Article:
Anesthesiology, Author Interviews, JAMA, Surgical Research / 25.02.2019 Interview with: Bheeshma Ravi, MD, PhD, FRCSC Scientist Sunnybrook Health Sciences Centre Holland Centre Toronto, ON What is the background for this study? What are the main findings? Response: Delirium is an acute change in mental status characterized by fluctuating disturbances of consciousness and attention. Elderly patients are prone to delirium after surgery; this contributes significantly to post-operative morbidity and can also lead to long-term disability. Our study found that among older adults undergoing hip fracture surgery, both an increased duration of surgery and a general anesthetic are associated with an increased risk for post-operative delirium.​  (more…)
Anesthesiology, Author Interviews, JAMA, Surgical Research / 07.02.2019 Interview with: Michael Avidan, MBBCh, FCA SA Dr. Seymour and Rose T. Brown Professor of Anesthesiology Chief of the Division of Clinical and Translational Research Director of the Infrastructure of Quality Improvement, Research and Informatics Washington University School of Medicine St Louis, MO What is the background for this study? Response: Postoperative delirium, a temporary state of confusion and inattention, is common in older adults after major surgery. Delirium can be distressing to patients, family members and clinicians. It is associated with longer hospital stays, other medical complications, cognitive decline, and death. Some previous studies have found that using electroencephalography (EEG) monitoring of the brain during general anesthesia decreases the occurrence of delirium following surgery. Therefore we conducted a rigorous study to determine whether using information from the EEG to guide the safe reduction of inhaled anesthetic drugs would prevent postoperative delirium and improve other outcomes in older adults following major surgery. (more…)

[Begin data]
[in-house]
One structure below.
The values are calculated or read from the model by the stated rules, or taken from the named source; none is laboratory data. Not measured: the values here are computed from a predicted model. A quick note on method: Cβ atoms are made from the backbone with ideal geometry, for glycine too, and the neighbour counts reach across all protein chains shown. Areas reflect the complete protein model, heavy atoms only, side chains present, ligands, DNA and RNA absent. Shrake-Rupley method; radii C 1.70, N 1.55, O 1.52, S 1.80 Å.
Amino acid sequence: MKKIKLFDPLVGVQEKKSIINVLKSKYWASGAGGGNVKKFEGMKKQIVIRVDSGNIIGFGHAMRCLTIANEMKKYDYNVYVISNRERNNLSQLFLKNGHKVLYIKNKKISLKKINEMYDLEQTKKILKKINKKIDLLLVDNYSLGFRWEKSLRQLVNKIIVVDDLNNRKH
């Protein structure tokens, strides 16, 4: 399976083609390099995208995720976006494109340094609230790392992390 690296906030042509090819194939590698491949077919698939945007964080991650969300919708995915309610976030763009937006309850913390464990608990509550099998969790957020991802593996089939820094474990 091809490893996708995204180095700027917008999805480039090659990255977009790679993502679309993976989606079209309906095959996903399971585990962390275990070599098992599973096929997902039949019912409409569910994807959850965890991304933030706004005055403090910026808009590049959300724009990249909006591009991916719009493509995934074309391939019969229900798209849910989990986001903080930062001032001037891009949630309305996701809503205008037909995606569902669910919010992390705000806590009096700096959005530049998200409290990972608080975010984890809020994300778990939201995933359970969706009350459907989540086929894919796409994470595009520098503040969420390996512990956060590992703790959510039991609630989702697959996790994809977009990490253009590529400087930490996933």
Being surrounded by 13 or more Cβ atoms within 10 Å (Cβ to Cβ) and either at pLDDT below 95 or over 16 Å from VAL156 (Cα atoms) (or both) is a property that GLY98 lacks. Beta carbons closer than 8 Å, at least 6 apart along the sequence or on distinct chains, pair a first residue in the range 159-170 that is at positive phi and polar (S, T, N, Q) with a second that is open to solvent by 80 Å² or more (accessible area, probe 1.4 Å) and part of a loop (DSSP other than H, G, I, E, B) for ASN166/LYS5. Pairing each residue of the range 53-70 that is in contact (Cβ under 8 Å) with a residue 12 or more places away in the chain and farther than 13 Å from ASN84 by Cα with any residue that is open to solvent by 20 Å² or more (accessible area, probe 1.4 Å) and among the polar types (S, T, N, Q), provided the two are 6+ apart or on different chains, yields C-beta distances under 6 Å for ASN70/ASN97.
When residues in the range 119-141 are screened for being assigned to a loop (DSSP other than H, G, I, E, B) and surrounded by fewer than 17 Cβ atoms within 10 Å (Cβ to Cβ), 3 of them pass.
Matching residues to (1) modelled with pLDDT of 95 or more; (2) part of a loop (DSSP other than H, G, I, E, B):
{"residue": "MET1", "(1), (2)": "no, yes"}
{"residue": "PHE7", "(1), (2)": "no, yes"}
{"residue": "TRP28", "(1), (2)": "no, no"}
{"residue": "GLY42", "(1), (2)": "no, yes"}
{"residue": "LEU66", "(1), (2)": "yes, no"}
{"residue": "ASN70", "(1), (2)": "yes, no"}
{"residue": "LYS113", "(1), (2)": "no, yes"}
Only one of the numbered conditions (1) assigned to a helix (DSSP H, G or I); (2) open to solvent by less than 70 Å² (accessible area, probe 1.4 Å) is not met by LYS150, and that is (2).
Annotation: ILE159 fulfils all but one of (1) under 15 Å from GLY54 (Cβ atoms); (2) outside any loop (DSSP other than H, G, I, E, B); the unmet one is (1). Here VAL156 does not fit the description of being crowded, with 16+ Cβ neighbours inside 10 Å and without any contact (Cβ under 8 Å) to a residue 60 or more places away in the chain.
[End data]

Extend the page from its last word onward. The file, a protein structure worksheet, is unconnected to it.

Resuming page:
Anesthesiology, Author Interviews, JAMA, Pediatrics, Surgical Research / 08.11.2018 Interview with: "Anesthesia" by Liran Szeiman is licensed under CC BY-NC-ND 4.0James D. O’Leary, MD Department of Anesthesia and Pain Medicine, Child Health Evaluative Sciences The Hospital for Sick Children Department of Anesthesia, University of Toronto Toronto, Ontario, Canada What is the background for this study? What are the main findings? Response: There is substantial evidence from laboratory studies that the developing brain is susceptible to injury from general anesthetic drugs, which culminated in the US Food Drug Administration issuing a safety communication in 2017 stating that the use of general anaesthetic drugs “for lengthy periods of time or over multiple surgeries or procedures may negatively affect brain development in children younger than 3 years”. Considering the substantial number of children who require general anesthesia every year (almost 3 million in the US annually) even small differences in child development outcomes after surgical procedures that require general anesthesia may have significant public health implications. Undertaking studies of anesthesia-related neurotoxicity in humans is difficult as adverse child development is a function of the complex interaction between many risk and protective factors. By examining differences between biological siblings in Ontario, Canada, this study seeks to mitigate differences in risk from biological vulnerability and environmental factors, to provide a more accurate estimate of the adverse effects of anesthesia and surgery on child development. In the current study, young children who had surgical procedures that require general anesthesia were not found to be at increased risk of adverse child development outcomes compared to their biological siblings who did not have surgery. These findings further support that exposure to anesthesia and surgery in early childhood is not associated with detectable adverse child development outcomes. (more…)